Independent Clauses | n. —unusual words about underappreciated music

August MP3s: Loud / Quiet / Loud

August 28, 2016

1. “New Moon” – Namesayers. The lead guitar here is angular, cranky, and brittle, contrasting against the swirling, low-key psychedelia laid down by the rest of instruments and Devin James Fry’s mystical croon. It makes for an intriguing rock that sounds like midnight in the desert with a big bonfire going. (Which is pretty much what the title and the album art convey, so this one has its imagery and soundscapes really tight in line.)

2. “O Zephyr” – Ptarmigan. It’s tough to be a serious alt-folk band without sounding over-earnest or overly ironic. Ptarmigan finds the perfect center, where it sounds like a bunch of people who love folk and have something to say are making their noise how they want. Fans of River Whyless, Fleet Foxes (often violators of the over-earnest, but nonetheless), and Barr Brothers will enjoy this.

3. “Axolotl” – Lord Buffalo. Lord Buffalo specializes in primal, pounding, apocalyptic pieces that build from small beginnings to terrifying heights. This is an A+ example of the form.

4. “A Miracle Mile” – St. Anthony and the Mystery Train. Equally apocalyptic as above, but in a more Southern Gothic, Nick Cave, howl-and-clatter style of indie-rock than the all-out-sonic assault. A wild ride.

5. “Spring” – Trevor Ransom. A tone-poem of a piece, illustrating the arrival of spring with found sounds, distant vocals, and confident piano.

6. “Not Enough” – Sunjacket. This inventive indie-rock song draws sounds and moods from all over the place, creating a distinct, unique vibe. There’s some Age of Adz weirdness, some Grizzly Bear denseness, some giant synth clouds, and more.

7. “Bushwick Girl” – CHUCK. A goofy, loving parody of NYC’s hippest hipsters in appropriately creaky, nasally, quirky indie-pop style.

8. “Ghost” – Mood Robot. Chillwave meets ODESZA-style post-dub with some pop v/c/v work for good measure. It’s a great little electro-pop tune.

9. “Da Vinci” – Jaw Gems. All the swagger, strut, stutter, and stomp of hip-hop and none of the vocals. Impressive.

10. “Disappearing Love” – Night Drifting. If the National’s high drama met the Boss’s roots rock, you’d end up with something like this charging tune with a huge conclusion.

11. “Black and White Space” – Delamere. Britpop from Manchester with a catchy vocal hook and subtle instrumentation that comes together really nicely.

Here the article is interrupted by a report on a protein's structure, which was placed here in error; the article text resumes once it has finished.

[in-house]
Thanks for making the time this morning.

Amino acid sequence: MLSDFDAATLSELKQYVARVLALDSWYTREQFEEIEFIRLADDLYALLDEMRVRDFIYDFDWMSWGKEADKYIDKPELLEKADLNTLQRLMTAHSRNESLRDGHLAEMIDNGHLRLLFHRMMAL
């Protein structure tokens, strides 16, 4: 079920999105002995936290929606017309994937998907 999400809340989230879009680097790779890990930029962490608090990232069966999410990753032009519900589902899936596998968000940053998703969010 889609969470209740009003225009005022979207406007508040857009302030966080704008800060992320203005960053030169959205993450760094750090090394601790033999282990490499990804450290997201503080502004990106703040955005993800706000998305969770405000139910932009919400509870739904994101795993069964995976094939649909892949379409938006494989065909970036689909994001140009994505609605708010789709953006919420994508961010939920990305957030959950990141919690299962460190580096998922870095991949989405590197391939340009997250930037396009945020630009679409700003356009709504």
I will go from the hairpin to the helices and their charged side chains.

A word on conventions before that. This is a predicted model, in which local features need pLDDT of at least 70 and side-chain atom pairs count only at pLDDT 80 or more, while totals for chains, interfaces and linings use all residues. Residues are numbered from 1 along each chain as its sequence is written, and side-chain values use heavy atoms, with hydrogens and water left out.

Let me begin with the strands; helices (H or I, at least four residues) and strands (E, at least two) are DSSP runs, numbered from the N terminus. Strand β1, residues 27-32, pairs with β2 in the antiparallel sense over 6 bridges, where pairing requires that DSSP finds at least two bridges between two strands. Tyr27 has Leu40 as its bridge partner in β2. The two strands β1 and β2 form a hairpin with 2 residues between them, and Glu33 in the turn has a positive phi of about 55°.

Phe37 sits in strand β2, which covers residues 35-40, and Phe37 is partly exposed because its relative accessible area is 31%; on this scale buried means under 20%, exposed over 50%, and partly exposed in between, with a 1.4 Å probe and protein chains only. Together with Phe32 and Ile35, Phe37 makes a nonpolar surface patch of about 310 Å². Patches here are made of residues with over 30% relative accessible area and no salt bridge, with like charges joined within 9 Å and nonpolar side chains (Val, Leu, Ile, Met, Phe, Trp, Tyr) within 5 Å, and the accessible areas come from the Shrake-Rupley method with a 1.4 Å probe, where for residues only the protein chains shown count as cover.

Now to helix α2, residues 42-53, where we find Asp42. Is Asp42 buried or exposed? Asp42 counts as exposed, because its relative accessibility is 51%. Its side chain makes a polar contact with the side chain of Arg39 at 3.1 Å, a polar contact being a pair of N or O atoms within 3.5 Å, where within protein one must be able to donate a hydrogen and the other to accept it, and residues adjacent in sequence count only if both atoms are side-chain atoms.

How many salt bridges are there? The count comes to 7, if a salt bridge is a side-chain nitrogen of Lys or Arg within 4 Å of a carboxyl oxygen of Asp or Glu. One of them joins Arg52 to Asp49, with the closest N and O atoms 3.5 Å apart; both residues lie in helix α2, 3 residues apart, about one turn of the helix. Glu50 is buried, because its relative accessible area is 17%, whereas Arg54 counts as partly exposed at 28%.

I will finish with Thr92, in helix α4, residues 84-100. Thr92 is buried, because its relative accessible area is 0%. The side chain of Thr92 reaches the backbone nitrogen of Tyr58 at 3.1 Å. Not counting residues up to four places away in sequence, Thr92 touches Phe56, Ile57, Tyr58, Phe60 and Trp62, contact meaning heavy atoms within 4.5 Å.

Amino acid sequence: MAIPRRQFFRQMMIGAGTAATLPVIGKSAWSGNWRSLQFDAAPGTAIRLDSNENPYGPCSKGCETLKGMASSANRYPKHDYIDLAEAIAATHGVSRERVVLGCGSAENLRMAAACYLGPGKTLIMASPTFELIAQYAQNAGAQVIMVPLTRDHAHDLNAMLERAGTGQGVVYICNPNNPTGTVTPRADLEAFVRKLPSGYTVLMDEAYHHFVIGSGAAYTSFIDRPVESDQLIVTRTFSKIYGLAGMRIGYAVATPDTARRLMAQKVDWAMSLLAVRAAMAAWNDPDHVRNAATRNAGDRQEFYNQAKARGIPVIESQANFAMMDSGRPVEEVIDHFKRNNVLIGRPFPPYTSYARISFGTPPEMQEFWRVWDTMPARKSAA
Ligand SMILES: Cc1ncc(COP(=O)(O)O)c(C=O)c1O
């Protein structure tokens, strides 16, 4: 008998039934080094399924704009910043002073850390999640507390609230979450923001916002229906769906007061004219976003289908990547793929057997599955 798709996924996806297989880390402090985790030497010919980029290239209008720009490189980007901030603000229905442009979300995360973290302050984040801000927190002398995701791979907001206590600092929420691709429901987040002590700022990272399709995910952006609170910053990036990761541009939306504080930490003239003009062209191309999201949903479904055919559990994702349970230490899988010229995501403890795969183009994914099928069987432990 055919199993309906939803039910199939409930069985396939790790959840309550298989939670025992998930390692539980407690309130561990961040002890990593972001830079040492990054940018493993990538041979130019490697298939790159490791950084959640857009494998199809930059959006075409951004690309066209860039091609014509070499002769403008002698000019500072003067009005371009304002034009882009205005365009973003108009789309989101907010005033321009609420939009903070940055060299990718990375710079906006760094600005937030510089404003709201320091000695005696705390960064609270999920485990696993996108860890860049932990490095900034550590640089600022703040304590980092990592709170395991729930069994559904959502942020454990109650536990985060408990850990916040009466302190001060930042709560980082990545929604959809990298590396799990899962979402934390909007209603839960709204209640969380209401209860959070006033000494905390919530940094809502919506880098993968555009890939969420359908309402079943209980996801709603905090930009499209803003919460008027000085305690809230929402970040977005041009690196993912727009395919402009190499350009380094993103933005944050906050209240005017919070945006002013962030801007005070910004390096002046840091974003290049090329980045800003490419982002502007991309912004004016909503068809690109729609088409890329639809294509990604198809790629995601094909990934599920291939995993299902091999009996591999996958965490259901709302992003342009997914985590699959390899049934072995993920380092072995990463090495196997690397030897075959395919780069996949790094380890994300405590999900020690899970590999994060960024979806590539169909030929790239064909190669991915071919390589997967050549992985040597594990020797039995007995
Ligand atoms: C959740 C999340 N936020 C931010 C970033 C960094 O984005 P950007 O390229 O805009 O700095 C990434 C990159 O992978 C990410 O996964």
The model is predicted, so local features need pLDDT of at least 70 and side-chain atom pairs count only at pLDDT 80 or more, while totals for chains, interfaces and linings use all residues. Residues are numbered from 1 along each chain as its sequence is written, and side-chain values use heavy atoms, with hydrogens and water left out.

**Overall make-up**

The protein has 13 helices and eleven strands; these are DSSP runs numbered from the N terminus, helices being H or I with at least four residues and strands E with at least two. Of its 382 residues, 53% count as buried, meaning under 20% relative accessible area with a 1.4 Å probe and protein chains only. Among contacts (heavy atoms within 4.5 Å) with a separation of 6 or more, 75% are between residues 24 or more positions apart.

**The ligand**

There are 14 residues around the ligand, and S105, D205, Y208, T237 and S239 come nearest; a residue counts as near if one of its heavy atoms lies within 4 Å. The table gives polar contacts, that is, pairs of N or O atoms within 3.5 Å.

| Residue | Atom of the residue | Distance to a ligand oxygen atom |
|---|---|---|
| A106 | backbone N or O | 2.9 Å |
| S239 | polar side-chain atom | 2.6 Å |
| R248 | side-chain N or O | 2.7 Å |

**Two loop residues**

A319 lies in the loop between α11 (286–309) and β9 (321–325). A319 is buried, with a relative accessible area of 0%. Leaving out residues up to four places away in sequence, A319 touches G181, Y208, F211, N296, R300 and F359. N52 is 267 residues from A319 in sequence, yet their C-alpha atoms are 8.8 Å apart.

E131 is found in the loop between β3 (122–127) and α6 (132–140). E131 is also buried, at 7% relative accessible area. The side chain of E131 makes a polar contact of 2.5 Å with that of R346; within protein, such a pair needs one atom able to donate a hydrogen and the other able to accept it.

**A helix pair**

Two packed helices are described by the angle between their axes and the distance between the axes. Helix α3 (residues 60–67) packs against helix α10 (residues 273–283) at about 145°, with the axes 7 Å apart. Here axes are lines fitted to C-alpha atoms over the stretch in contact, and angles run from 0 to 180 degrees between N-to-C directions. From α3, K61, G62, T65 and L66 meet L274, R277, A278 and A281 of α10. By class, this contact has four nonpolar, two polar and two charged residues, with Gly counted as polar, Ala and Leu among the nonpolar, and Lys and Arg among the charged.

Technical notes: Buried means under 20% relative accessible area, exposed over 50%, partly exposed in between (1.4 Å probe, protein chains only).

12. “Plastic Flowers” – Poomse. Predictions of human doom over crunchy guitars give way to a densely-layered indie-rock track with claustrophobia-inducing horns. If you’re into Mutemath or early ’00s emo (non-twinkly variety), you’ll find some footholds here.

13. “Lake, Steel, Oil” – Basement Revolver. There’s something hypnotic about Chrisy Hurn plaintively singing her heart out as if there isn’t a howling wall of distortion raging around her.

Alt Your Country Are Belong to Us

February 25, 2013

February-April is Spring release season, and there’s always more than I can cover as a single man. However, I can mitigate this partially through mixtapes! Today I’ve got a folk/country one; tomorrow I have an indie-pop-rock one.

Alt Your Country Are Belong to Us

1. “You Don’t Know Better Than Me” – Luke Winslow-King. Easy-going folk/country vibe hits some New Orleans swing with gorgeous results.
2. “Beneath the Willow Tree” – The Lonesome Outfit. This yearning, gospel-inflected country tune features great vocals.
3. “Grandstanders” – Sunjacket. Carl Hauck is in a band? Of course it’s wonderful. Fans of Animal Collective and My Morning Jacket will enjoy this moody, rumbling, intricate tune.
4. “Ramona” – Night Beds. Everyone’s all up in Night Beds. They are totally right.
5. “Fall With You” – Mikaela Kahn. Snare shuffle, a beautiful voice and a strong mood: yup, you’ve sold me.
6. “Griping” – Dear Blanca. The horns and vocals in this song are absolutely excellent.
7. “Secret” – Time Travels. If there is clapping and singing in your song, I will cheer. This jaunty, indie-pop by way of alt-country tune makes me cheer.
8. “Junior Year” – Case Closed. A little bit country, a little bit pop-punk, a little bit The Format.

Stephen Carradini and friends write reviews of bands that are trying to make the next step in their careers.

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